Famous & Infamous Births & Deaths 23rd January

John Hancock, patriot of the American Revolution now with the tower in Chicago named in his honour, gets another birthday mention as on the New Style calendar it shows he arrived in 1737. First Norwegian of the day, writer and early day bra burner (from Kristiansand), Jacobine Camilla Collett (née Wergeland) started plotting life in 1893. Easel botherer Édouard Manet made a real impression on his parents in 1832. Optical scientist with the pronounced jaw line and co-owner of Carl Zeiss, Ernst Karl Abbe found the aperture in 1840. Firearms designer, (who wouldn’t realise quite how they’d be used in the future), John Moses Browning didn’t suffer a blow back in 1855. Continuing the shooting theme, second Norwegian of the day – Ole Sæther got his aim straight in 1870. Indian writer Jyotirmoyee Devi started her first chapter in life back in 1894. Actor George Randolph Scott wasn’t born reckless in 1898. Escapee from Colditz Castle before taking part in the Nuremberg Trials, Airey Middleton Sheffield Neave made his escape in 1916. Inventor of ‘Pluto Platters’ or as they later became known, Frisbees – Walter Frederick ‘Fred’ Morrison threw himself into life back in 1920. Actor known for playing William ‘Buck’ Rogers, Gilbert C. ‘Gil’ Gerard also had the starring role in 1943. Heineken swilling clog wearing actor Rutger Oelsen Hauer hitched a ride in 1944. One third of family group ‘The Pointer Sisters’, (a cold day when they came up with that name me thinks), Anita Marie Pointer won the ‘should I do it?’ argument in 1948. Pilot of the Hudson River plane service, Chelsey Burnett ‘Sully’ Sullenburger III hopefully didn’t have such a bumpy ride when delivered in 1951. Eldest daughter of Prince Rainier and Grace Kelly – Caroline, Princess of Hanover has been attended to since 1957. Model and ex-co presenter (or player of the same records) on London’s Capital Radio Breakfast Show, Lisa Snawdon or Lisa Snowdon started waking up early from 1972.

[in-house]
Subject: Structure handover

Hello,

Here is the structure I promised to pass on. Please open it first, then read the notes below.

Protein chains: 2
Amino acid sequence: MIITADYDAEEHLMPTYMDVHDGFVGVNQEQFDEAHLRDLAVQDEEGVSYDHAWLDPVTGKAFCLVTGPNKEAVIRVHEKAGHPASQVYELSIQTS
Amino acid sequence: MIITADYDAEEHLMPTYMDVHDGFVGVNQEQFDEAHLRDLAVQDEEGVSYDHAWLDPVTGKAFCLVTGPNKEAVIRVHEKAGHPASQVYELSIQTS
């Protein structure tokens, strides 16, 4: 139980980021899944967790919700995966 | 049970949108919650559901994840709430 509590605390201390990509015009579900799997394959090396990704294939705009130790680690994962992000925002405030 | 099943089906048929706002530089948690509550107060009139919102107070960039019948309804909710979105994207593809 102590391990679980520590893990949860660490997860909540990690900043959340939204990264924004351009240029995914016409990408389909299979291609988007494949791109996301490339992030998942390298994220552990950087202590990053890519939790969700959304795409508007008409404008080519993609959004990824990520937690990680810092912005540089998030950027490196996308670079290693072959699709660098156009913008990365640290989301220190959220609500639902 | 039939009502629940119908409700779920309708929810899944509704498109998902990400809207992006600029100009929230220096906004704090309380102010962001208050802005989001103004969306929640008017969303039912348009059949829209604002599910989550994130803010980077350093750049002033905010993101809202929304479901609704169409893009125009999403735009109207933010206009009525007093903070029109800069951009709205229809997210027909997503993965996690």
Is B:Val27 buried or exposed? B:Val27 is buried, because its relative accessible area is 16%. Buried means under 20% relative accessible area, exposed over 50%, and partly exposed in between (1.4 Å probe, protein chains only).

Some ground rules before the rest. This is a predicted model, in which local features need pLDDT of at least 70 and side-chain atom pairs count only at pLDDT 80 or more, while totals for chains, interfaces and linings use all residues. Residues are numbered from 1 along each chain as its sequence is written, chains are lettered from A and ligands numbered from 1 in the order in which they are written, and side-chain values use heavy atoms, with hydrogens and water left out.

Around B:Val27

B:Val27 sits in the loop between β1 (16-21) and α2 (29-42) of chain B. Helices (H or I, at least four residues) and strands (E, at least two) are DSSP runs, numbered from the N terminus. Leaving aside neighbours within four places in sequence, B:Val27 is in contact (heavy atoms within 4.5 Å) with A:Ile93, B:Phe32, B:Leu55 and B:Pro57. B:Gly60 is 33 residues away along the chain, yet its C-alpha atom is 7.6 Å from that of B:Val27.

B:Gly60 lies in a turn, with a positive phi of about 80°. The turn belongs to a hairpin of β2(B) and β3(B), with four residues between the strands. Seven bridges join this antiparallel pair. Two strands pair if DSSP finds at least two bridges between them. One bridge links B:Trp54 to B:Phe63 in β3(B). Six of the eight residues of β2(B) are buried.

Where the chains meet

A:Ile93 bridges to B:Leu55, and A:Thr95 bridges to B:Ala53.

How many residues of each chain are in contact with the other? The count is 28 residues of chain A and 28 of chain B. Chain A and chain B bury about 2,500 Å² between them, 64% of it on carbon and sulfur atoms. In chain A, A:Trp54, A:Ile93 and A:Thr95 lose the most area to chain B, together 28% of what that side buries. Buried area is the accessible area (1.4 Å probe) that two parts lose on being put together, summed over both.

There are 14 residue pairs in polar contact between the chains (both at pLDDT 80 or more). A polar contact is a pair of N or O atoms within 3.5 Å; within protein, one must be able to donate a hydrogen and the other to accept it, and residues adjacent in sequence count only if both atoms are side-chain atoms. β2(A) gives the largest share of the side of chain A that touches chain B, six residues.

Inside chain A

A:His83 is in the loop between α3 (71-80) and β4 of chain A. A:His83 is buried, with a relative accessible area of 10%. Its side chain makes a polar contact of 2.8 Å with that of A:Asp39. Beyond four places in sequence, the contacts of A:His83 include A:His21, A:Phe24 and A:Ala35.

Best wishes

As for people expiring, explorer with not only a bay but also an island named in his honour, William Baffin began examining earth in 1622. Founder of probably the best drink in the world, (and it’s not Danish) bearing his name, Arthur Guinness ran out of shelf life in 1803. Britain’s youngest Prime Minister William Pitt the Younger obviously found age caught up with him given he was dispatched in 1806. Wearer of a tutu whilst pirouetting across the stage, Anna Pavlovna (Matveyevna) Pavlova gave her best dying swan routine in 1931. Dead Norwegian of the day, painter Edvard Munch didn’t scream on his death bed in 1944. Heir to the Onassis fortune, Alexander Socrates Onassis cashed in his chips in 1973. Actor known for his role in The Great Dictator, Jack Oakie left the wild party in 1978. Artist with the waxed moustache (and long name), Salvador Domingo Felipe Jacinto Dalí i Domènech Marqués de Dalí de Pùbol, or just Salvador Dalí found he didn’t have to shave again from 1989. Top class snapper Helmut Neustädter, (or to give him his anglicised surname Newton), saw his life flash before him in 2004. Early day desk hogger who stayed on the television schedules for 30 years, John William ‘Johnny’ Carson went quiet in 2005. Finally, nutritional expert Francois Henri ‘Jack’ LaLanne munched his last doughnut in 2011.

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